Growing strains on the state’s ability to pay for transportation projects across Maryland could result in changes to how local projects are prioritized.
The Maryland Department of Transportation lays out funding for projects around the state in a rolling six-year plan that is updated annually. A new commission tasked with reimagining how the state prioritizes and pays for projects could recommend changes to a system that is both familiar and not always transparent.
“One of the unique aspects of transportation, unlike many other things, is it takes long-term thinking and planning,” said Howard County Executive Calvin Ball (D). “It takes not just months, but years and decades to have a transportation infrastructure and so we need to be much more thoughtful, intentional and innovative and, I think, toss out the decades old playbook and write a new one.”
Ball is the Maryland Association of Counties representative on the 31-member Transportation Revenue and Infrastructure Needs Commission.
The panel, which held its first meeting last week, will look at both how the state pays for and prioritizes transportation projects.
Under the current system, local government leaders submit letters to the state highlighting transportation priorities and funding needs in their jurisdictions. Some letters are multi-page documents providing detail into projects. Others are little more than lists.
How projects are added to and move through the state’s plan is not always clear. Also not clear is to what degree those letters, or the annual public meetings between state transportation officials and county leaders, sometimes called “road shows,” have on the decision-making process.
“I don’t think people are particularly happy, maybe outside of the department, with how the CTP is put together now and how the dollars flow,” said House Environment and Transportation Chair Del. Marc Korman (D-Montgomery).
Korman, who is also a member of the commission, said the current process “is a lot of show right now.”
“The letters, again, they’re not standardized,” said Korman. “So, everyone does it a little bit differently. And there’s no sort of organized feedback from MDOT back to the counties about why something was or was not funded. There’s no kind of formal feedback loop on that to explain what’s going on here.”
Seven years ago, Democratic lawmakers attempted to impose a scoring system for transportation projects on Republican Gov. Larry Hogan.
The General Assembly passed legislation over Hogan’s objection and veto that imposed a scoring system. The intent, lawmakers said, was to add transparency to the process. Lower scoring projects could still be funded but the administration would have to explain why.
Hogan later branded the effort “the road kill bill” and later sent letters to local governments claiming the rankings eliminated funding for 66 of 73 local priorities.
A compromise the following year still required transportation officials to score projects. The rankings became more informational and provided as part of each iteration of the six-year transportation plan.
Earlier this year, legislators attempted to revisit the transportation scoring system. Korman said it’s not unreasonable for the commission to take up the issue as it meets over the next 18 months.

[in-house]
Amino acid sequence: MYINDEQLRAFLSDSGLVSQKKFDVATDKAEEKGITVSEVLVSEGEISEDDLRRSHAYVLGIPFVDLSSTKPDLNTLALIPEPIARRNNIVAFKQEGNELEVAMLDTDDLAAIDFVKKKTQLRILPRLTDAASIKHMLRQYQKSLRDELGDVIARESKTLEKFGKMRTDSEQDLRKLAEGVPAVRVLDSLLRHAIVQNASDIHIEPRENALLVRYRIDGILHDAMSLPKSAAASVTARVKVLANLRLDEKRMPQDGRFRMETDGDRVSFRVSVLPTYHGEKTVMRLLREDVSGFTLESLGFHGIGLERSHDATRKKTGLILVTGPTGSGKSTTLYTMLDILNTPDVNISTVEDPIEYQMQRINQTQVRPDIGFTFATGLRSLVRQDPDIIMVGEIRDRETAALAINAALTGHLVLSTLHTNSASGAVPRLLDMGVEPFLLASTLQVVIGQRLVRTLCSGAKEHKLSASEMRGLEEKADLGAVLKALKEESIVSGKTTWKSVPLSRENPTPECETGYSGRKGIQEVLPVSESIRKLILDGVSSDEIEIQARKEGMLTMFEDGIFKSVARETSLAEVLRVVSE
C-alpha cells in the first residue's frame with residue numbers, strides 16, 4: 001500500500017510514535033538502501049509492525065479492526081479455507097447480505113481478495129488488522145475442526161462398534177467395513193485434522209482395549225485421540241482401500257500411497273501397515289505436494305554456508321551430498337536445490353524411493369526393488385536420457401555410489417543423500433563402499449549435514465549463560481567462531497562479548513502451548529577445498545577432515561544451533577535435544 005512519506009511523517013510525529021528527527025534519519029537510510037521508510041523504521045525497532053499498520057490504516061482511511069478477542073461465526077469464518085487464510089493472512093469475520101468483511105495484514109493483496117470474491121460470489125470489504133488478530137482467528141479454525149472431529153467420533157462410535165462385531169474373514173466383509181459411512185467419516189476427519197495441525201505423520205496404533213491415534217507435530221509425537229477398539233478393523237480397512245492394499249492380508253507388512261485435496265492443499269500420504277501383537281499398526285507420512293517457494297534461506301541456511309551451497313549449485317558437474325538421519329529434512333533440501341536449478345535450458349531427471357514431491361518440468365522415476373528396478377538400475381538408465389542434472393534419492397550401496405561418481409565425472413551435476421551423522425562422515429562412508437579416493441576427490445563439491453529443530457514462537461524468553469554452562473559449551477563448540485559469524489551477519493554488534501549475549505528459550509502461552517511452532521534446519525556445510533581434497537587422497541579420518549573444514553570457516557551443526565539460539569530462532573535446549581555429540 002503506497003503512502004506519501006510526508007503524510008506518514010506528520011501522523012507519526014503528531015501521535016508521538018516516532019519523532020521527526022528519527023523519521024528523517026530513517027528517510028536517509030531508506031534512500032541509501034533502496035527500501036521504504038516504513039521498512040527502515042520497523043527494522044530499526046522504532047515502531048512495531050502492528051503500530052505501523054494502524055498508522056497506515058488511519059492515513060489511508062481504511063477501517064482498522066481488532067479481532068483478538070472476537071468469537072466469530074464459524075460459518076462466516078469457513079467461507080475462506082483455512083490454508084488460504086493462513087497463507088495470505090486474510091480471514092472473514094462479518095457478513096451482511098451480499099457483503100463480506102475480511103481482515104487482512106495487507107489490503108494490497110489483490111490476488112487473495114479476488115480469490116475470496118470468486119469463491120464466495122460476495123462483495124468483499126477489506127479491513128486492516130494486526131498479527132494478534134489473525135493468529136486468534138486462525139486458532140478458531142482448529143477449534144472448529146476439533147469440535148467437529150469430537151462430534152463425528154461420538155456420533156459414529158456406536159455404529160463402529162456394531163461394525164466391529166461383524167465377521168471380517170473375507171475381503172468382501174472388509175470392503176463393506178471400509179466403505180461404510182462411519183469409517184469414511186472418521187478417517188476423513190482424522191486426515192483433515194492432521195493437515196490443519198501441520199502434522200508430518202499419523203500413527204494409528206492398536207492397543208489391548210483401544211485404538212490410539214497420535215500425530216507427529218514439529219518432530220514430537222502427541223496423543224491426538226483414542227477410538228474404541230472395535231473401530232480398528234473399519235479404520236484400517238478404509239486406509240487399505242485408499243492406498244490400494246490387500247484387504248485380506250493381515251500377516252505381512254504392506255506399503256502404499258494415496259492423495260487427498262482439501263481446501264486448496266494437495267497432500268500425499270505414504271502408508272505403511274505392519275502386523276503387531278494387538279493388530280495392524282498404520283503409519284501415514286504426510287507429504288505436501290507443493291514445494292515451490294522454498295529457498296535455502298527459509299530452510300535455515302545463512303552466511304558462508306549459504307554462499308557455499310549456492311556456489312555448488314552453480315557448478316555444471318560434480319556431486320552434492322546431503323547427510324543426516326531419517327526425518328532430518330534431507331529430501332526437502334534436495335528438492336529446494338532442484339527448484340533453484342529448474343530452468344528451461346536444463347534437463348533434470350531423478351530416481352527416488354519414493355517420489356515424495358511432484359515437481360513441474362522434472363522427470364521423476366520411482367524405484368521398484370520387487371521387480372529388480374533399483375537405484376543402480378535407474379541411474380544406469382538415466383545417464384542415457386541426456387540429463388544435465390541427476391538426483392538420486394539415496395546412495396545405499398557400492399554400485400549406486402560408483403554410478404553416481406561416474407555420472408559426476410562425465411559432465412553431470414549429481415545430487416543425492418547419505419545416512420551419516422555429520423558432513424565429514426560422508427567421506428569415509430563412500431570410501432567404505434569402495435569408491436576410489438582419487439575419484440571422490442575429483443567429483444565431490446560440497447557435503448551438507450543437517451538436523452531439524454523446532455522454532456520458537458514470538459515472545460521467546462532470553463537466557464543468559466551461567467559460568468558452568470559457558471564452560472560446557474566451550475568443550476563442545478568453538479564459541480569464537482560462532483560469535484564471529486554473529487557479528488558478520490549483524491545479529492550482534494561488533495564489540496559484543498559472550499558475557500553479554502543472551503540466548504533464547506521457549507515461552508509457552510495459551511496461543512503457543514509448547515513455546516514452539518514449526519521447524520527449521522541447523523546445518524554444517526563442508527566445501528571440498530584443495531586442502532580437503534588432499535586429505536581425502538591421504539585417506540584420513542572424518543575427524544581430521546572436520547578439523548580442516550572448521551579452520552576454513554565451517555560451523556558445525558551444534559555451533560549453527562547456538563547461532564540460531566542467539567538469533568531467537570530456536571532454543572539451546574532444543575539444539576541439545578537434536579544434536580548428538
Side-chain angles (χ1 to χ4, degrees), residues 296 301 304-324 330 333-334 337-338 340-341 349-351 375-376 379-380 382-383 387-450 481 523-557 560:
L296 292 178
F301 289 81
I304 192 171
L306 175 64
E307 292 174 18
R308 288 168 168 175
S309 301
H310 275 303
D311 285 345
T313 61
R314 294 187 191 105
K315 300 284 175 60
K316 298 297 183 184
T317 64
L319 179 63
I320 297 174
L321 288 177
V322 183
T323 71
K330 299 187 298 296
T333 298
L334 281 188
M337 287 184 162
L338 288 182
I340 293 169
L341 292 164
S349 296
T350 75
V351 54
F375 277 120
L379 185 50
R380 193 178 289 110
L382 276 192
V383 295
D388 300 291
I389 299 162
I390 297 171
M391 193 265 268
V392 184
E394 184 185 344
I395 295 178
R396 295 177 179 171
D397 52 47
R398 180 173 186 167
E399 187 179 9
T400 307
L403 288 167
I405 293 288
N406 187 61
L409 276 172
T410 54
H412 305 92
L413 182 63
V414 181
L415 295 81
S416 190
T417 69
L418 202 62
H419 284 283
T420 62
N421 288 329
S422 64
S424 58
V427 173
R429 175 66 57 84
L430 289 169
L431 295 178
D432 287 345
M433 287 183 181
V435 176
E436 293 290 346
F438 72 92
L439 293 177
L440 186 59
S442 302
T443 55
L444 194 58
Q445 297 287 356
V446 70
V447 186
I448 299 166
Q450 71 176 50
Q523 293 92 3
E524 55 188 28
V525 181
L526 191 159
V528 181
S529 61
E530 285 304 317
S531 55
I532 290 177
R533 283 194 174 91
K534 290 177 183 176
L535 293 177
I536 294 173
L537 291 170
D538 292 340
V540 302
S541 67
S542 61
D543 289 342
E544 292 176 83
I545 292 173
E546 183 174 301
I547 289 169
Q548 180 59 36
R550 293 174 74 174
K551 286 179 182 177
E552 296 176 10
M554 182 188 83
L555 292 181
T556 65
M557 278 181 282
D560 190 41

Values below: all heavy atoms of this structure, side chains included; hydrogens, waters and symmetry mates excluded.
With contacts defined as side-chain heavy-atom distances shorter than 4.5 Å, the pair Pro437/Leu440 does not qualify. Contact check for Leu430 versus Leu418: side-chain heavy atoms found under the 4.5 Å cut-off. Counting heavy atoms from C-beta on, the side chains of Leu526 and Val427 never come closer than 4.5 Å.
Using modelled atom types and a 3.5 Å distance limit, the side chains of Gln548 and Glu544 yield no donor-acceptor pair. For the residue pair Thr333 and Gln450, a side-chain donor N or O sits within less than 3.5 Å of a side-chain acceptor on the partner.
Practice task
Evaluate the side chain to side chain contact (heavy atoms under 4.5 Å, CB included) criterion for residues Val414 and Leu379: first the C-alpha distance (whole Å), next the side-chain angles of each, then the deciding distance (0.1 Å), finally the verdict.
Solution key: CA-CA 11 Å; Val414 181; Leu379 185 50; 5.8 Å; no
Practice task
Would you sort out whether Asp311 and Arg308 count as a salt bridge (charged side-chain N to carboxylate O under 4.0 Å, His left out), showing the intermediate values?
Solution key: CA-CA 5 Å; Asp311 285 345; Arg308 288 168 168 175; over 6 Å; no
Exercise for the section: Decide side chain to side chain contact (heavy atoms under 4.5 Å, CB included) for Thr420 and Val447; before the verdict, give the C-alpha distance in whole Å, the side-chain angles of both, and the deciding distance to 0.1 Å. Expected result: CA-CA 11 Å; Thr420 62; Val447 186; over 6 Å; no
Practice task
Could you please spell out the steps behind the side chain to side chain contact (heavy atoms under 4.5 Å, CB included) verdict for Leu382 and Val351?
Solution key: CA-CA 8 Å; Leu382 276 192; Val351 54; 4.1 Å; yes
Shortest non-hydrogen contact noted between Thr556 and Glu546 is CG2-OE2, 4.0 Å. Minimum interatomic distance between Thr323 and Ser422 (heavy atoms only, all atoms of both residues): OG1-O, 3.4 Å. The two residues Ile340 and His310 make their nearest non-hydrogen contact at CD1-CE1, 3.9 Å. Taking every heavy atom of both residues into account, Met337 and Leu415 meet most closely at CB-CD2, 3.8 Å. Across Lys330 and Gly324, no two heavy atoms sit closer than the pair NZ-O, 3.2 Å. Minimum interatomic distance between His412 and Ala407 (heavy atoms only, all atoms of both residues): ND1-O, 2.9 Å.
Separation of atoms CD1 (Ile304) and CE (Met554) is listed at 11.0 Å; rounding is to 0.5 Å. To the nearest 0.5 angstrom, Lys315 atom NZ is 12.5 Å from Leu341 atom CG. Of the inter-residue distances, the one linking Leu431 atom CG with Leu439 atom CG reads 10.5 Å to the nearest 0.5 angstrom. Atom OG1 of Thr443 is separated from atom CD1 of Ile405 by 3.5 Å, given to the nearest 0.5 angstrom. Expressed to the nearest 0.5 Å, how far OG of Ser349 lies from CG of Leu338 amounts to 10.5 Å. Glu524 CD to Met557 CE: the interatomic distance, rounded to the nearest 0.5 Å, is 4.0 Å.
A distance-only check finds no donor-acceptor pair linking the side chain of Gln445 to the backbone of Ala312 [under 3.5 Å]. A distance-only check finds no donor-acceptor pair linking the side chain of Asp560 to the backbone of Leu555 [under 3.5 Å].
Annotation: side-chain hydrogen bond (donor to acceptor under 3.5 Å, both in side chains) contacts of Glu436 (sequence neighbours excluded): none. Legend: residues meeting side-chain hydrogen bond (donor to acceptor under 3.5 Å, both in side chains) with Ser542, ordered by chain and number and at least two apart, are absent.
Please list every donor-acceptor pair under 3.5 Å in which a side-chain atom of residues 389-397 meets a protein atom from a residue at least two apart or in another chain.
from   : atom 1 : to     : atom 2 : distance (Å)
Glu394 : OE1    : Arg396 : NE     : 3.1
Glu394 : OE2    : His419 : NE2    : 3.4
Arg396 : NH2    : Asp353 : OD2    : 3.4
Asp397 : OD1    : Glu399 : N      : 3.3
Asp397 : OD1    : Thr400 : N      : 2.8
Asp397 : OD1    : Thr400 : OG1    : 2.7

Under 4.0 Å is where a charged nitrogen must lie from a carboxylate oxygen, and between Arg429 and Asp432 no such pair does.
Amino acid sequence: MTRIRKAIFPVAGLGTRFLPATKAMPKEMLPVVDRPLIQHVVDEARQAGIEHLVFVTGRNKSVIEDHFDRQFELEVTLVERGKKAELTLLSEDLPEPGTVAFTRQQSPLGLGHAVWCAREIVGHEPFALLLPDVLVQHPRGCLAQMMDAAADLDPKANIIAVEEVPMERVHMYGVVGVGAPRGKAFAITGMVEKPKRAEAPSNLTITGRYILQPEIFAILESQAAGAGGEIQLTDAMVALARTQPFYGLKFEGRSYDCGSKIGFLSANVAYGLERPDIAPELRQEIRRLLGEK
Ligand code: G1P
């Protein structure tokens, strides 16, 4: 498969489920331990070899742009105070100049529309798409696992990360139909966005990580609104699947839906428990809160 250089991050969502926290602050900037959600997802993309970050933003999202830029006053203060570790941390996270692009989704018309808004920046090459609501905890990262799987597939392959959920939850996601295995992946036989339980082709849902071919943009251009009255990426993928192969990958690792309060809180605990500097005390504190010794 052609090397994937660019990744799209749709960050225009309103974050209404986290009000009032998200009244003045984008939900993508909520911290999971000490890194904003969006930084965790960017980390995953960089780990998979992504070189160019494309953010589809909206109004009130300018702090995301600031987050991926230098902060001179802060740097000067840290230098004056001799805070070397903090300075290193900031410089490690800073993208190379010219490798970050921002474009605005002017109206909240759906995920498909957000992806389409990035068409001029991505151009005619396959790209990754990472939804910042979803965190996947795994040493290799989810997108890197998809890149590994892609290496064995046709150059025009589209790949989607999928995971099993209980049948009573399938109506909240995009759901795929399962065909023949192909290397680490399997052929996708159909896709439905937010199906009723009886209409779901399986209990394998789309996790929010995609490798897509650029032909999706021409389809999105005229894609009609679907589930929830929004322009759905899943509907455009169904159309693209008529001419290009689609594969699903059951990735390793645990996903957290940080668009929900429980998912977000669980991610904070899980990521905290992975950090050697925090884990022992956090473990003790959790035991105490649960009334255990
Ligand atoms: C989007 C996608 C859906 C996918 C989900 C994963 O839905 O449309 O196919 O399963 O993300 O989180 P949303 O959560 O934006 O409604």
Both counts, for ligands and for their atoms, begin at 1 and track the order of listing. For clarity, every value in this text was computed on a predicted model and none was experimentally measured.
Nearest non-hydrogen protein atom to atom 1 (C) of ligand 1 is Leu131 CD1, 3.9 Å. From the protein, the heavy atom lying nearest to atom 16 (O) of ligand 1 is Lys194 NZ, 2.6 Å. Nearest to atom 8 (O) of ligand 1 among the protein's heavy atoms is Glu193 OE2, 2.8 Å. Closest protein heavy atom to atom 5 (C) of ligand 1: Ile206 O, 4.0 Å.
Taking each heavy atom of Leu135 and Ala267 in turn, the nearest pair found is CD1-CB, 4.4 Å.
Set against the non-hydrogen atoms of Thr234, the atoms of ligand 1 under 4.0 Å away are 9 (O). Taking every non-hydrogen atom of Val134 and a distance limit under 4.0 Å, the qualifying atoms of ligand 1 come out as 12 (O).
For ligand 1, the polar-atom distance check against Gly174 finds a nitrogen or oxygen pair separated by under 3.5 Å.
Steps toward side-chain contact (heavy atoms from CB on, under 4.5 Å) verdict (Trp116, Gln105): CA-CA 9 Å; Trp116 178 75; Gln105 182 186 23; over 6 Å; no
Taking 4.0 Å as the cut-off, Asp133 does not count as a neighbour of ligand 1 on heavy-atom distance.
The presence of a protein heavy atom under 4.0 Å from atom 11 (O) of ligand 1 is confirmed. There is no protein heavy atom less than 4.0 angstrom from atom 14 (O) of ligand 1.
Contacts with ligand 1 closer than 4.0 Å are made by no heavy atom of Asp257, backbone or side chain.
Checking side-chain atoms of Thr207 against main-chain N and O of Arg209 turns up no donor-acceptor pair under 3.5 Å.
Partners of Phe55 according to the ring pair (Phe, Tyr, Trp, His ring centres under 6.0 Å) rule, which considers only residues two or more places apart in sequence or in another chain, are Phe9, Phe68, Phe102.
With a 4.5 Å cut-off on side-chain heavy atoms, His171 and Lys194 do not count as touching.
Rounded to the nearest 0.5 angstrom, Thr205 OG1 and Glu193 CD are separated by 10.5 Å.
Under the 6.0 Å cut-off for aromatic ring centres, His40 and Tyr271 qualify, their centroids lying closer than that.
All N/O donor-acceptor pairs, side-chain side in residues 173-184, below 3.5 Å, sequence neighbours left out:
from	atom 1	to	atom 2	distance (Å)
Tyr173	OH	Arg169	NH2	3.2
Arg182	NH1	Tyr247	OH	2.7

“I’m not naïve, I understand that everything has some elements of politics to it but there’s still more we can do to more clearly set criteria for things,” said Korman “One element of that could be some version of scoring. Other states do it. It wasn’t something that was invented in Maryland just to piss Larry Hogan off seven years ago. So, I think that will be part of the discussion. I don’t know quite where that will go.”
Ball and leaders of other large counties are watching the panel and looking for help to implement more localized transit systems.
“We’re having conversations around locally operated transit system funding and just trying to sort out the challenges,” said Baltimore County Executive Johnny Olszewski Jr. “When you have a formula that funds existing transit, it’s almost impossible to have funding to create new transit.”
Olszewski said he wants to duplicate the county’s free circulator that operates both a north to south and east to west line in Towson. A lack of federal funding has the county looking at the state for help.
“There’s no way we can replicate what we’ve done with the Towson loop without the state being at the table,” he said.
Montgomery County Executive Marc Elrich (D) longs to compete with neighboring Virginia. That would require investments in local transportation projects.
“We are going to have to invest a lot more in transit,” said Elrich. “The previous gubernatorial administration, I think, was almost exclusively focused on roads… Roads are very important, but transit has not gotten the sufficient investment or focus at the state level in the last eight to 10 years and so we’re going to have to ramp that up significantly.”
Transportation officials are expected to brief commissioners on a draft of the latest six-year Consolidated Transportation Plan next month.
That draft will highlight concerns about how requests are outstripping the state’s ability to provide aid, Assistant Transportation Secretary Joe McAndrew said during Thursday’s commission meeting.
“This will be a new approach. It is our understanding that we are not required to have a fully balanced CTP upon draft, but we do by final,” he said.
There is a funding gap in fiscal 2025 projected at roughly $100 million, according to Transportation Secretary Paul Wiedefeld.
“I think we want to, as a new administration, also engage the counties and the General Assembly, through the fall, to identify priorities that meet what we can fund,” said McAndrew. “And so, we’re going to do this in partnership with the folks in this room as well as our partners throughout the state.”